Farmer John loaded a water tank into the truck, he could fill this up in town. Once filled with 250 gallons of water, he brought it back to the farm for the cattle. He connected the tank to a garden hose and ran it downhill to fill up a couple troughs. We also used this water for the chickens. The big water tank had to be refilled about ever two days. It wasn't as easy as our normal system, but it worked well. 

With the freezers and animals taken care of, we could focus on taking care of ourselves. On top of all of this, we were dealing with a heat wave. Water jugs were hard to find when we got back to the area, but we did get a few bottles. We drank plenty of water while at the farm and refilled them in town in the evenings.

Our biggest help in dealing with the power outage and heat was Uncle John and Lil's house. They generously offered their home for our use while they were away on vacation. It was our refuge - a place to shower, cook meals, and escape the heat. I don't think I could have survived this time without it. 

Monday, July 16, 2012

Storm Stories - Damage Report

On Friday June 29, a storm ripped through the Mid-Atlantic States. It also hit our farm hard. Fortunately, we were not here to experience it. Farmer John, Coco and I were headed home from Wisconsin after spending a week with my family. We’d heard storm reports on the news and from Farmer John’s Mom and Dad. We knew we were coming back to a mess. This is what we saw when we crossed the bridge:

We had many limbs down in the yard around the house. Our electric pole with the transformer had snapped and was lying on the ground. The limbs and transformer had pulled down all the electric lines. The main line from the right-of-way was on the lane, the lines from the house to the cabin and barn were snapped and on the ground. We had to climb around and through the lines to get to the house.

Surprisingly, no damage was done to the house, besides a few things that had been blown off the porches. The cabin, building and upper building also survived without damage. Of course, we didn't have power or water. 

The trees and barn sustained the most damage. The large Chestnut trees near the barn lost some huge branches. The tin on the barn roof was loose in some places and missing in others. 

The largest section that was torn off created quite a skylight. We were thankful that it wasn't above all the hay. There was very little water damage done to the hay. 

Pieces of the barn roof littered the yard, along with all the tree debris.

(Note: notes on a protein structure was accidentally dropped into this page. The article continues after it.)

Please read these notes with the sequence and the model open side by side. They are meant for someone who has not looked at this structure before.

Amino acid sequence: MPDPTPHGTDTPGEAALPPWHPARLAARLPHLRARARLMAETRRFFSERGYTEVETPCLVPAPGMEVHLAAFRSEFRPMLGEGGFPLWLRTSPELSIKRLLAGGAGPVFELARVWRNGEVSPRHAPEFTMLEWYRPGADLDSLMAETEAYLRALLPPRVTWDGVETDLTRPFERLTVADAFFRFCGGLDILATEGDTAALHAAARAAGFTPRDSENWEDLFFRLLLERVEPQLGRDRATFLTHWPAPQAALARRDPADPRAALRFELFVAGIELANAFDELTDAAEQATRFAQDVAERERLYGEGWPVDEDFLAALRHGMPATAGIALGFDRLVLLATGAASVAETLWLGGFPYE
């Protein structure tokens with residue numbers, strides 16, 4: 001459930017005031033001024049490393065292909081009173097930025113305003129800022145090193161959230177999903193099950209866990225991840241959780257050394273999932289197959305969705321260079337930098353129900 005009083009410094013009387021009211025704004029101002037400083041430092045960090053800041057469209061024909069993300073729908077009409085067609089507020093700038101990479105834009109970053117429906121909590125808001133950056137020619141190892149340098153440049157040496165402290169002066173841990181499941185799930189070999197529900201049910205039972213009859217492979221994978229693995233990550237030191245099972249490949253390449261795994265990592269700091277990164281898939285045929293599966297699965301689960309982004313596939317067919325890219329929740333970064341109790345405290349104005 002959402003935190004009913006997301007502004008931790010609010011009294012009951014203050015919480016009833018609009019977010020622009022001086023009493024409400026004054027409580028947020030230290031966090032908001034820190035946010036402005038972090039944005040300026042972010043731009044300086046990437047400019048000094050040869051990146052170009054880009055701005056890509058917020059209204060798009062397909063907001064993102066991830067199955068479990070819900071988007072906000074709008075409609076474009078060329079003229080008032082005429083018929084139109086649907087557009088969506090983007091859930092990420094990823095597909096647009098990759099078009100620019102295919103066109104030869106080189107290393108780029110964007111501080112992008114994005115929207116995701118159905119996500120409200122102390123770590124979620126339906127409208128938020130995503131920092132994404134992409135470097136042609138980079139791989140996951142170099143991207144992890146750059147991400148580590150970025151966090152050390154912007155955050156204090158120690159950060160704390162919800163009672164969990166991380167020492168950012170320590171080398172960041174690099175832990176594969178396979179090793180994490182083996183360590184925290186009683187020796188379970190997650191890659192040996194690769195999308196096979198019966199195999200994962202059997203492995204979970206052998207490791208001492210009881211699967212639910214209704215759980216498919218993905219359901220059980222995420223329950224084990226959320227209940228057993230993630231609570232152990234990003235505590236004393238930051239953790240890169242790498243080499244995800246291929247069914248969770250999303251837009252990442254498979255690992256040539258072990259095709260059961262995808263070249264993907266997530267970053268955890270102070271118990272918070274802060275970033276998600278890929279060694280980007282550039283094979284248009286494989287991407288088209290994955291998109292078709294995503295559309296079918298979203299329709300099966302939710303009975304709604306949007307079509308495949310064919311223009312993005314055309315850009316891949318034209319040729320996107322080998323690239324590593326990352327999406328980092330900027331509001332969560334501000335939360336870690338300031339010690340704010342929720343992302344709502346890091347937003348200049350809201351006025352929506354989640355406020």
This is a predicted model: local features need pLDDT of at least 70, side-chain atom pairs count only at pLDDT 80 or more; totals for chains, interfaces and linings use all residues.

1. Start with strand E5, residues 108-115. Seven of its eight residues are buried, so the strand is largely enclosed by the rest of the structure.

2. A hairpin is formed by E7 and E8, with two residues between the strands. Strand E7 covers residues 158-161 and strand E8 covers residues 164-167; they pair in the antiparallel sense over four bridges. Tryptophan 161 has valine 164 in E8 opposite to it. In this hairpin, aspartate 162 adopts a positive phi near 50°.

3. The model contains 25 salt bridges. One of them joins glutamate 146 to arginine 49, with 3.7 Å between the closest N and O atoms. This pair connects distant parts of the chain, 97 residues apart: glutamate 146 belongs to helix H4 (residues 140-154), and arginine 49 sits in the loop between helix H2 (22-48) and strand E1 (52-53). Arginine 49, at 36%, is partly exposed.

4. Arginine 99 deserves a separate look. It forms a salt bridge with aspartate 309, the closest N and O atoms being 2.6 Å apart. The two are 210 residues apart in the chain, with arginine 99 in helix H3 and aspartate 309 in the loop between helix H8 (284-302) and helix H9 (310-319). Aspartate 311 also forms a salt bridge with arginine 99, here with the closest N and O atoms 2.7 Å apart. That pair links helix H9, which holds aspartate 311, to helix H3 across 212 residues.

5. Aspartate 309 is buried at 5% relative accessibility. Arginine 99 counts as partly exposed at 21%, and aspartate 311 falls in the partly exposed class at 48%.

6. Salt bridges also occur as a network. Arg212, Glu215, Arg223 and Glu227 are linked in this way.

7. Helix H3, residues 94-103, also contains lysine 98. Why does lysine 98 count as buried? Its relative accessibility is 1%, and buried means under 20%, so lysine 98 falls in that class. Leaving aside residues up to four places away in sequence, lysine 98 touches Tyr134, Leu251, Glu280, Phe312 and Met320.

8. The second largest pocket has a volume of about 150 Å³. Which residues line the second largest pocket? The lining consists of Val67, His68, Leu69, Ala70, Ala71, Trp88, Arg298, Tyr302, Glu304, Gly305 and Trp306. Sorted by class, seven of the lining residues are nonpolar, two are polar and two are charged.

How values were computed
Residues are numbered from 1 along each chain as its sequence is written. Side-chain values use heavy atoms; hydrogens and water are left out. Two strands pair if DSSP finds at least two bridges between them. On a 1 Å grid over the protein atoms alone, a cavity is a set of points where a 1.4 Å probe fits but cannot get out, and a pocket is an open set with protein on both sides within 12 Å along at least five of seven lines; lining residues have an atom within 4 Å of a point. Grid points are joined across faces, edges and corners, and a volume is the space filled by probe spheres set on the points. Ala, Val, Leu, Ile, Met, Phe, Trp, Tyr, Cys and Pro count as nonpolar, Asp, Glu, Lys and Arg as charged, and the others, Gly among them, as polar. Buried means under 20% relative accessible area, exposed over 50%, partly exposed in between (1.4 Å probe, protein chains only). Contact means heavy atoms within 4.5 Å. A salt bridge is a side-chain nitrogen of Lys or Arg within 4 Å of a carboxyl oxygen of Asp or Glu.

After Farmer John went to check on the cattle (who were all fine) he reported lots of trees and limbs down in the woods. Sections of fence were damaged, however the down trees created a natural fence to keep the cattle in. We lost some chickens, but the remaining ones were fine - just out of water. 

We're thankful that there wasn't more damage done to the buildings or animals. Currently most of the tree debris is cleared from the yard, and the barn roof is fixed. Overall, the damage was bad, but not as bad as it could have been. 

Thursday, July 12, 2012

...and we're back!

After 12 days of no electricity or water at the farm, we are back! It was certainly an adventure. There will be lots of upcoming blog posts to tell the stories. For now let me just say thank you to everyone for your support. Countless people offered up their help during this time - homes to stay in, places to swim, home-cooked meals, friends who didn't mind my complaining, a celebratory drink at our favorite pub, and lots of moral support. Thanks to everyone for your concern and help along the way!

Monday, July 9, 2012

Still No Power

Today is the tenth day the farm has been without power. Mollie wanted me to let you know that all the cattle and chickens are fine and are drinking lots of water. And the barn roof is fixed!

-Farm IT Guy

Tuesday, July 3, 2012

Storm Update

Most of you have heard about the storm that swept through the mid Atlantic states last weekend. It hit West Virginia, and the Jennings Brae Bank Farm, hard. Mollie asked me to post this update on her behalf because they are without power.

The storm ripped a transformer down into the yard. All the utility lines were pulled off the house, barn, and buildings. Many trees and limbs are down. The animals are mostly okay, except for a few missing chickens. The tin roof was blown off parts of the barn. There is a lot of fence damage due to the downed trees. The farm is without power and water. The power company says the power will be back on Friday at the earliest. Mollie and John were able to obtain a generator to power their refrigerator and freezer, thus saving their frozen produce and meat. Through the kindness of friends, they have a place to stay in New Martinsville until their power is restored.

Reporting from Rockford, Illinois,